I think the reason you will get an advantage is because most people don’t have the temperament or the patience. They may buy IBM because [Warren] Buffett bought it and it may get a bump in price, but they will not hold it until Buffett holds it. They will buy it in November 2011 and by February 2012 they have already sold it, made 10%, and said “I am such a genius”. And that’s the problem. Actually … this gene of cloning is very quirky – most people are willing to clone but only partially. They will buy what Buffett buys, a lot of people do that, but they don’t do the rest of it. That is stupid cloning. Half baked stupid cloning. We don’t want to do stupid cloning. You do it all the way.
— Mohnish Pabrai

The cloning technique relies on trusting who you are copying. How do we then identify the next funds to clone? What would you say that is the minimum number of years for you say is the minimum number of years that you would need to see strong performance to actually trust those to adequately copy them?

I would say that if you have 15-20 years of history behind people that is a pretty good indicator. And not only that, you look at the history and you look at their approach. What are they saying and how are they going about doing it … I think there are many really good investors.
— Mohnish Pabrai

Sometimes the SEC allows an investor to not file a purchase temporarily (as was done by Warren Buffett when he was buying $10+ billion of IBM). How does this affect your process?

Completely irrelevant. It’s like this. Let’s say you have all these stores you can walk into and look at everything about how they run their model. And one out of 200 stores is closed. That’s not a problem. We also do not know about foreign stocks in 13-Fs. We don’t know about things that they buy where the amount they bought is really small. If I buy something where I spend less than $200,000 it doesn’t get reported in the 13-F. Of course, you also have the secrecy rules.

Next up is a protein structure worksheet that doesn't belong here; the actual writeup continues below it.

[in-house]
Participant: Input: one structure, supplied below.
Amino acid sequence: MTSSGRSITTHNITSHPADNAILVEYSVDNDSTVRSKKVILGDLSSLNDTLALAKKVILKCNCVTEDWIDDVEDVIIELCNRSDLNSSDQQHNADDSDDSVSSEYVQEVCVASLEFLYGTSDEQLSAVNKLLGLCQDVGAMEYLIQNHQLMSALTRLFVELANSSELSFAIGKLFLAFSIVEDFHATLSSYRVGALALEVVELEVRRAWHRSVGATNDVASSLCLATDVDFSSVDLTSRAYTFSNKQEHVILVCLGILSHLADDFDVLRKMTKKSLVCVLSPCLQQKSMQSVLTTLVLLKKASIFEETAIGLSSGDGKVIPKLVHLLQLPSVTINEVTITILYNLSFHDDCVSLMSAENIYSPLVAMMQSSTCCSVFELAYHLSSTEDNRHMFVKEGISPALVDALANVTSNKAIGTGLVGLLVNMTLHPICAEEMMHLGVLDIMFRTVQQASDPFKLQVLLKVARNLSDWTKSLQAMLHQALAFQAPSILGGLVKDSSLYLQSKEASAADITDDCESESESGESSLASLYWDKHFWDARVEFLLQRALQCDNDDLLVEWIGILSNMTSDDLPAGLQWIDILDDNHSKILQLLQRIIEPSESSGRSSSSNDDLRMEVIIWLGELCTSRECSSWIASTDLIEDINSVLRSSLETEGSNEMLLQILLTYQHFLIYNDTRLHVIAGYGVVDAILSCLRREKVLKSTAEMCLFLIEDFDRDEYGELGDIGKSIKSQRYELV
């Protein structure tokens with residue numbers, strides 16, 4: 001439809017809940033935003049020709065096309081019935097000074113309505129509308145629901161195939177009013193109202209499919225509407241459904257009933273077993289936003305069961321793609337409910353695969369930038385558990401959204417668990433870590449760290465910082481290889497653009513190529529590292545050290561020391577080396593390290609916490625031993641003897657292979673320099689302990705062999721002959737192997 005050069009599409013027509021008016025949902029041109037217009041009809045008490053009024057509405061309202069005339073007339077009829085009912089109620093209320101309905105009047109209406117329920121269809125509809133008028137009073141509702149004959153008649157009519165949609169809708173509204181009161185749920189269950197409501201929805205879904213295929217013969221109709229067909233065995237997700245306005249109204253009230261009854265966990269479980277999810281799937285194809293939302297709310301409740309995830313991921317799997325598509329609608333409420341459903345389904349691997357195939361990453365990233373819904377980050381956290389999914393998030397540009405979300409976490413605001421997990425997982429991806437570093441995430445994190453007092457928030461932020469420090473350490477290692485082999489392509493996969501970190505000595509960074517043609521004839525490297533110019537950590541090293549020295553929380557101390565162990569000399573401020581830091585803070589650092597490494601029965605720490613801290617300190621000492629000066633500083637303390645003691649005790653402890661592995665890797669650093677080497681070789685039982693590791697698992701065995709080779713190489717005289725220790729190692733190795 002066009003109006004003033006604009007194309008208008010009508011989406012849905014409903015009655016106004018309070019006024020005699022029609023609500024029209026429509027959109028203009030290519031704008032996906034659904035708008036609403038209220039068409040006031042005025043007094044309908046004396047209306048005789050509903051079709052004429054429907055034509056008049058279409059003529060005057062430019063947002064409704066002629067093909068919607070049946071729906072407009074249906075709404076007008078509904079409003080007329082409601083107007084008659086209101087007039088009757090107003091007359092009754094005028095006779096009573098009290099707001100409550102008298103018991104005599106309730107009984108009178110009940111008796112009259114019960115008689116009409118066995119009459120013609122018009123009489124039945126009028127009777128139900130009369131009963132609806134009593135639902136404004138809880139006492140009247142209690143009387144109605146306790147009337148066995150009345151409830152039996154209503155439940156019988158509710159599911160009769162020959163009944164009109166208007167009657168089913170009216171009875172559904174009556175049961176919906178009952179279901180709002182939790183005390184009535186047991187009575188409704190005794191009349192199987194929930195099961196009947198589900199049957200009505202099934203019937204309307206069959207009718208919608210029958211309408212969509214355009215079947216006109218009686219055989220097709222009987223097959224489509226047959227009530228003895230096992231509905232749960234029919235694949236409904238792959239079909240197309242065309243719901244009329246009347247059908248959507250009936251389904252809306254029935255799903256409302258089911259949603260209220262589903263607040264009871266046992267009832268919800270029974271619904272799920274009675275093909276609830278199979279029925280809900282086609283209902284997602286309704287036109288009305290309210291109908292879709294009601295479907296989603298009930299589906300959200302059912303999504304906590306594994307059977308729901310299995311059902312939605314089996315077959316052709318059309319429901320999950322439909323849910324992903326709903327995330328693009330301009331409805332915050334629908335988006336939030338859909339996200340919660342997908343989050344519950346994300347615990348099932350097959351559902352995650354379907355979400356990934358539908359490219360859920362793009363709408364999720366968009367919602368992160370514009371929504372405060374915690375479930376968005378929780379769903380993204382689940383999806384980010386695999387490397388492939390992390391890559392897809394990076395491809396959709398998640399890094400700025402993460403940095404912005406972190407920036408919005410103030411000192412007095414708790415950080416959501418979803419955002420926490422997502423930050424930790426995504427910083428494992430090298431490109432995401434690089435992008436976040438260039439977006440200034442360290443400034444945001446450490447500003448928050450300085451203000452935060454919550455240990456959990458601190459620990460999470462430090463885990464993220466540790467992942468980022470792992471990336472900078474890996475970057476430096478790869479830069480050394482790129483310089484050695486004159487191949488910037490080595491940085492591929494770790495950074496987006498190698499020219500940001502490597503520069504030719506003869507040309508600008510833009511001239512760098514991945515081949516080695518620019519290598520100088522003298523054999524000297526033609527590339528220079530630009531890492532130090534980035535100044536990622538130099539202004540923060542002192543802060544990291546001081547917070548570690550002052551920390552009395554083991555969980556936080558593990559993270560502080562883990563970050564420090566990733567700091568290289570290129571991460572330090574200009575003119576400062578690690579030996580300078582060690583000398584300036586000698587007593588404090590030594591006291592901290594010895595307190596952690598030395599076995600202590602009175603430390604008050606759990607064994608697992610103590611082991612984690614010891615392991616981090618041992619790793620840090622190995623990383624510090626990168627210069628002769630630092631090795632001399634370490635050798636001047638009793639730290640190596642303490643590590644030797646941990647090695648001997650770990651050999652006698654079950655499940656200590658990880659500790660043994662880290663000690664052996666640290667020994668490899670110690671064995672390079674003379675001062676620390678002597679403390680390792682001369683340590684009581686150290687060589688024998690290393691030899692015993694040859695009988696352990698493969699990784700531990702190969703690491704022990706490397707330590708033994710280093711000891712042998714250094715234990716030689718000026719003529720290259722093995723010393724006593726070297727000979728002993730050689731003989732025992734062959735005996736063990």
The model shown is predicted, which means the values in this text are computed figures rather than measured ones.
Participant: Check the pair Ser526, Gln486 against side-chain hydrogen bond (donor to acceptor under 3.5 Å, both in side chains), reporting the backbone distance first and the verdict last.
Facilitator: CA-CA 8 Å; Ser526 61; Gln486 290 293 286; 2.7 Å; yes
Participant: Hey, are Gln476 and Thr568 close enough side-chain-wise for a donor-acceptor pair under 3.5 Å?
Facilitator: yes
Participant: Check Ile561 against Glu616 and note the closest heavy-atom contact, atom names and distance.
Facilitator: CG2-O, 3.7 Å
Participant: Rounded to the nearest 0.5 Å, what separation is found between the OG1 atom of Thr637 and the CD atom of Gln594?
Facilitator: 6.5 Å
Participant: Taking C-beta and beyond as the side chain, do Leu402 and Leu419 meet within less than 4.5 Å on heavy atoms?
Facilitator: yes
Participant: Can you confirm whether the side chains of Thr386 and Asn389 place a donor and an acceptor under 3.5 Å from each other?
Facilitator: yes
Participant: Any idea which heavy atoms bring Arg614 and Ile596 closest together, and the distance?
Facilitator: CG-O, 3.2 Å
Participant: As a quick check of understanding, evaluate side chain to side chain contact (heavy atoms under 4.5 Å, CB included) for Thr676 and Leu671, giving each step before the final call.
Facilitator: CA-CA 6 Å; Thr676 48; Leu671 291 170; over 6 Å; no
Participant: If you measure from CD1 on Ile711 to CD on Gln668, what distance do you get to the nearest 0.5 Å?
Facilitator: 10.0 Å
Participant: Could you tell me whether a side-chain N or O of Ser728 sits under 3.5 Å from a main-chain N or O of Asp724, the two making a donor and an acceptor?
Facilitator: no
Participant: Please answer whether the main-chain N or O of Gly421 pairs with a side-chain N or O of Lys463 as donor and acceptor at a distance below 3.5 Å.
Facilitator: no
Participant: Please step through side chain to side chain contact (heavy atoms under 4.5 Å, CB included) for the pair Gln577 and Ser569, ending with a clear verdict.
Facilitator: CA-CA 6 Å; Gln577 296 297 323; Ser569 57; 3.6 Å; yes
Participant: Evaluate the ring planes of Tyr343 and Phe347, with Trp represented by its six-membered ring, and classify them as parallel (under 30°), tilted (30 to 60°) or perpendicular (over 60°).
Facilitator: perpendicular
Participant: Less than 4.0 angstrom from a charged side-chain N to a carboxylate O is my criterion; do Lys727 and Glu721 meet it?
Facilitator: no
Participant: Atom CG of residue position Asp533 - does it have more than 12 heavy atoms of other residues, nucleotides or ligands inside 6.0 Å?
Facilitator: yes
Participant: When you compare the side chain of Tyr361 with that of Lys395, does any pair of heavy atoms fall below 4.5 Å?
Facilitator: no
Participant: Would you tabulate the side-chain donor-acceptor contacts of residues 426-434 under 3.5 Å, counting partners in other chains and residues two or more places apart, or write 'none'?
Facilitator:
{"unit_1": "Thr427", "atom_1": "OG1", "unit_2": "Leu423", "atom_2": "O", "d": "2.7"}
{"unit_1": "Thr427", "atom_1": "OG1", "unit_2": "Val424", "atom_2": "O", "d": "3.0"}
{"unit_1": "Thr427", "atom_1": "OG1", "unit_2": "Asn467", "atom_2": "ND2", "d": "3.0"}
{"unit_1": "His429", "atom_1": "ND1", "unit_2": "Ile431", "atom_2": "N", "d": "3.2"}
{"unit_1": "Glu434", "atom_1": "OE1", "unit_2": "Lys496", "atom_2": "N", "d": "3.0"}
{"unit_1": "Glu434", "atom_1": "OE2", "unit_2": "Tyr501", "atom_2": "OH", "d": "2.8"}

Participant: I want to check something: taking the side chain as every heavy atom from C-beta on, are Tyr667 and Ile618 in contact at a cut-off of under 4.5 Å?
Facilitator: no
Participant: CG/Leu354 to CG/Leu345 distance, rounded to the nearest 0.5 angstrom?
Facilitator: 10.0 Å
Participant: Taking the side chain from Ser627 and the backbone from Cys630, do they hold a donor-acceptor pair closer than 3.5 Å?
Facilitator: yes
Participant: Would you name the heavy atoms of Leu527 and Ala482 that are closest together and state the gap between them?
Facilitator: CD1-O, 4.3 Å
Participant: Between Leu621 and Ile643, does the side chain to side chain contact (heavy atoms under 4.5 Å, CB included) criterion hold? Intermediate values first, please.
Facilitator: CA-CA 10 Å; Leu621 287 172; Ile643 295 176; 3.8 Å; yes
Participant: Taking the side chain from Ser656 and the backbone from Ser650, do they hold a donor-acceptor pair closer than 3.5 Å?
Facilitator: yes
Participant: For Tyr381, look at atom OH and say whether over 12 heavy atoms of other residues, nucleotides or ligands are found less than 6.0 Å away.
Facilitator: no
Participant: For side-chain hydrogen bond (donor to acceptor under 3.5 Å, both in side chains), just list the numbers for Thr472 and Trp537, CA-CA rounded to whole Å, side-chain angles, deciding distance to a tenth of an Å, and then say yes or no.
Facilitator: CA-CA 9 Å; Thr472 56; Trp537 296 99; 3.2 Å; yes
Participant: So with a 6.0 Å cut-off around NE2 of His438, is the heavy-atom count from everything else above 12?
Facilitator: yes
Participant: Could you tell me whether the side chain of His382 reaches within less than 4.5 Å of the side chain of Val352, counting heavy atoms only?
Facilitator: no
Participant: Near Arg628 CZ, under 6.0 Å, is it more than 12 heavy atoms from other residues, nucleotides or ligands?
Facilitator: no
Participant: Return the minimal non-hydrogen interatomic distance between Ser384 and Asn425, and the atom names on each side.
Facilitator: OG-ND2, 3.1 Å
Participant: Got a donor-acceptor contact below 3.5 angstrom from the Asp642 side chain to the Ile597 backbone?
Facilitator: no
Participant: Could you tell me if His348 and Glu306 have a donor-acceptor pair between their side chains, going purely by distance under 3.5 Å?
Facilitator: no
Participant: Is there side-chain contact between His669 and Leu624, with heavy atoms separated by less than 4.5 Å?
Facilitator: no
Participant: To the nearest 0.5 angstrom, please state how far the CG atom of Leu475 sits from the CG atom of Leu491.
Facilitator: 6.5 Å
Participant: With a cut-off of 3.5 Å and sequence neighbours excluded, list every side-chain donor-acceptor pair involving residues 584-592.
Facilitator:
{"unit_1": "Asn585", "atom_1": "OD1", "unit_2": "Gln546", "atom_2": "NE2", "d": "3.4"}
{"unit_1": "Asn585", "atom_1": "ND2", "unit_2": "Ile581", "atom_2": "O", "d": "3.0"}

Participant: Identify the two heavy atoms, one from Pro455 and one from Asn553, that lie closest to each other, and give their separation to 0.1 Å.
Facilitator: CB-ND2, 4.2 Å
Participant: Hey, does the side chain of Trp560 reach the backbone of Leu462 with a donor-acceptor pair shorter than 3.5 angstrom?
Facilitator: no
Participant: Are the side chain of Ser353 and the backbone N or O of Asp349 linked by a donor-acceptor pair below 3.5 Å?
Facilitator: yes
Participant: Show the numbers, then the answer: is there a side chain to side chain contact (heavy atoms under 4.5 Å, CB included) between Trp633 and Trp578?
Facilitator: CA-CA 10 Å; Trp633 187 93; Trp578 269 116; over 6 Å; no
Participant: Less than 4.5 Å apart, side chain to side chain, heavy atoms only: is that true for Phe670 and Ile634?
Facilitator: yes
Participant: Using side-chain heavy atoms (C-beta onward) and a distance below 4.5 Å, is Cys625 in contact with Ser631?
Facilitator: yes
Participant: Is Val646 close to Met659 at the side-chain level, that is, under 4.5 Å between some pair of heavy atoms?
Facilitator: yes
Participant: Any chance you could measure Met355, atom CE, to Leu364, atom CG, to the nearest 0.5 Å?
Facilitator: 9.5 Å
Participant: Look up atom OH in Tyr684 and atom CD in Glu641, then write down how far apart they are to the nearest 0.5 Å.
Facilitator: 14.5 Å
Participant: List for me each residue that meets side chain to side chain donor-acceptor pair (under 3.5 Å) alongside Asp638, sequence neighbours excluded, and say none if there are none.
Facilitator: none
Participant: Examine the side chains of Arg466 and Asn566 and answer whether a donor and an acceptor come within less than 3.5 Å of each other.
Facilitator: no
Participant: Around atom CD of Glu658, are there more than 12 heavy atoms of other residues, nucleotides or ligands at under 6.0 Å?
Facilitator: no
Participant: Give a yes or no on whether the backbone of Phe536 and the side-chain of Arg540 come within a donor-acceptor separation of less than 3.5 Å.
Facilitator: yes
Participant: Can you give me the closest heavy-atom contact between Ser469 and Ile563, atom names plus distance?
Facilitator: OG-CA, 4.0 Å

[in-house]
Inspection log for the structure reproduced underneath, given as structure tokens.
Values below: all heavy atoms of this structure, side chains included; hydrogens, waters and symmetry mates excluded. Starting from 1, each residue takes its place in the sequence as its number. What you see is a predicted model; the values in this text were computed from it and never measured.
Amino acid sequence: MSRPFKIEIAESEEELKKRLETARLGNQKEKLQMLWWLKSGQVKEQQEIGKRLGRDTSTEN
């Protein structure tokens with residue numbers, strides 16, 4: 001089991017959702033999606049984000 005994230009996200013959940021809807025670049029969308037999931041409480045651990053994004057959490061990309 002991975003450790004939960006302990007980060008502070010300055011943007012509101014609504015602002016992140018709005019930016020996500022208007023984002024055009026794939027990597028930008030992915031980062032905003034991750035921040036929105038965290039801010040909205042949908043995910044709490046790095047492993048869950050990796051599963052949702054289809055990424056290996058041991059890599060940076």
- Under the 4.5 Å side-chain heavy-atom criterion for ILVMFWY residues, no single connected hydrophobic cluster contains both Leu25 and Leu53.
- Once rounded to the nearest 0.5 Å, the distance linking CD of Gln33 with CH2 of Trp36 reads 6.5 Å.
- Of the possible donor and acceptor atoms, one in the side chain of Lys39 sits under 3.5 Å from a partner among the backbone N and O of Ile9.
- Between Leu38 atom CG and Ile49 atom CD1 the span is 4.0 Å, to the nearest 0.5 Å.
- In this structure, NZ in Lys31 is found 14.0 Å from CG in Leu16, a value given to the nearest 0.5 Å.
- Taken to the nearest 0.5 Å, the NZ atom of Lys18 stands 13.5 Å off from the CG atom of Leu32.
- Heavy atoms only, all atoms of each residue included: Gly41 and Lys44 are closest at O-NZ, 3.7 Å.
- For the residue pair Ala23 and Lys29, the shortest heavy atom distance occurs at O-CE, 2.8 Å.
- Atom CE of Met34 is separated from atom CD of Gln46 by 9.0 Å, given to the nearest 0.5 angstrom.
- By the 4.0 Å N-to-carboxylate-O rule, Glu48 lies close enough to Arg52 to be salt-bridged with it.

I think that is not really relevant because you have such a huge canvas from which you can draw data from. And even for IBM [when the SEC allowed Buffett to delay reporting this position because of how long it takes Berkshire Hathaway to build a large position] – look at what happened after IBM stock after they said that Buffett bought it. Nothing happened. Maybe it had a 1% move or something. There wasn’t much movement. You had plenty of time after that to still act on it. And so I actually think that the fact that some small parts are hidden is irrelevant. You should just ignore that.
— Mohnish Pabrai

What constitutes understanding the business? How do you distinguish between thinking you understand the business and actually understanding it? How can you distinguish?

Charlie Munger says, to ask the question is to answer it. So basically, if you are operating within your circle of confidence you will not need to ask yourself “Do I understand the business?”

The moment you ask yourself “Do I understand the business?” you do not understand the business. So to ask the question is to answer it. If you are asking yourself the question you are operating outside your circle of confidence.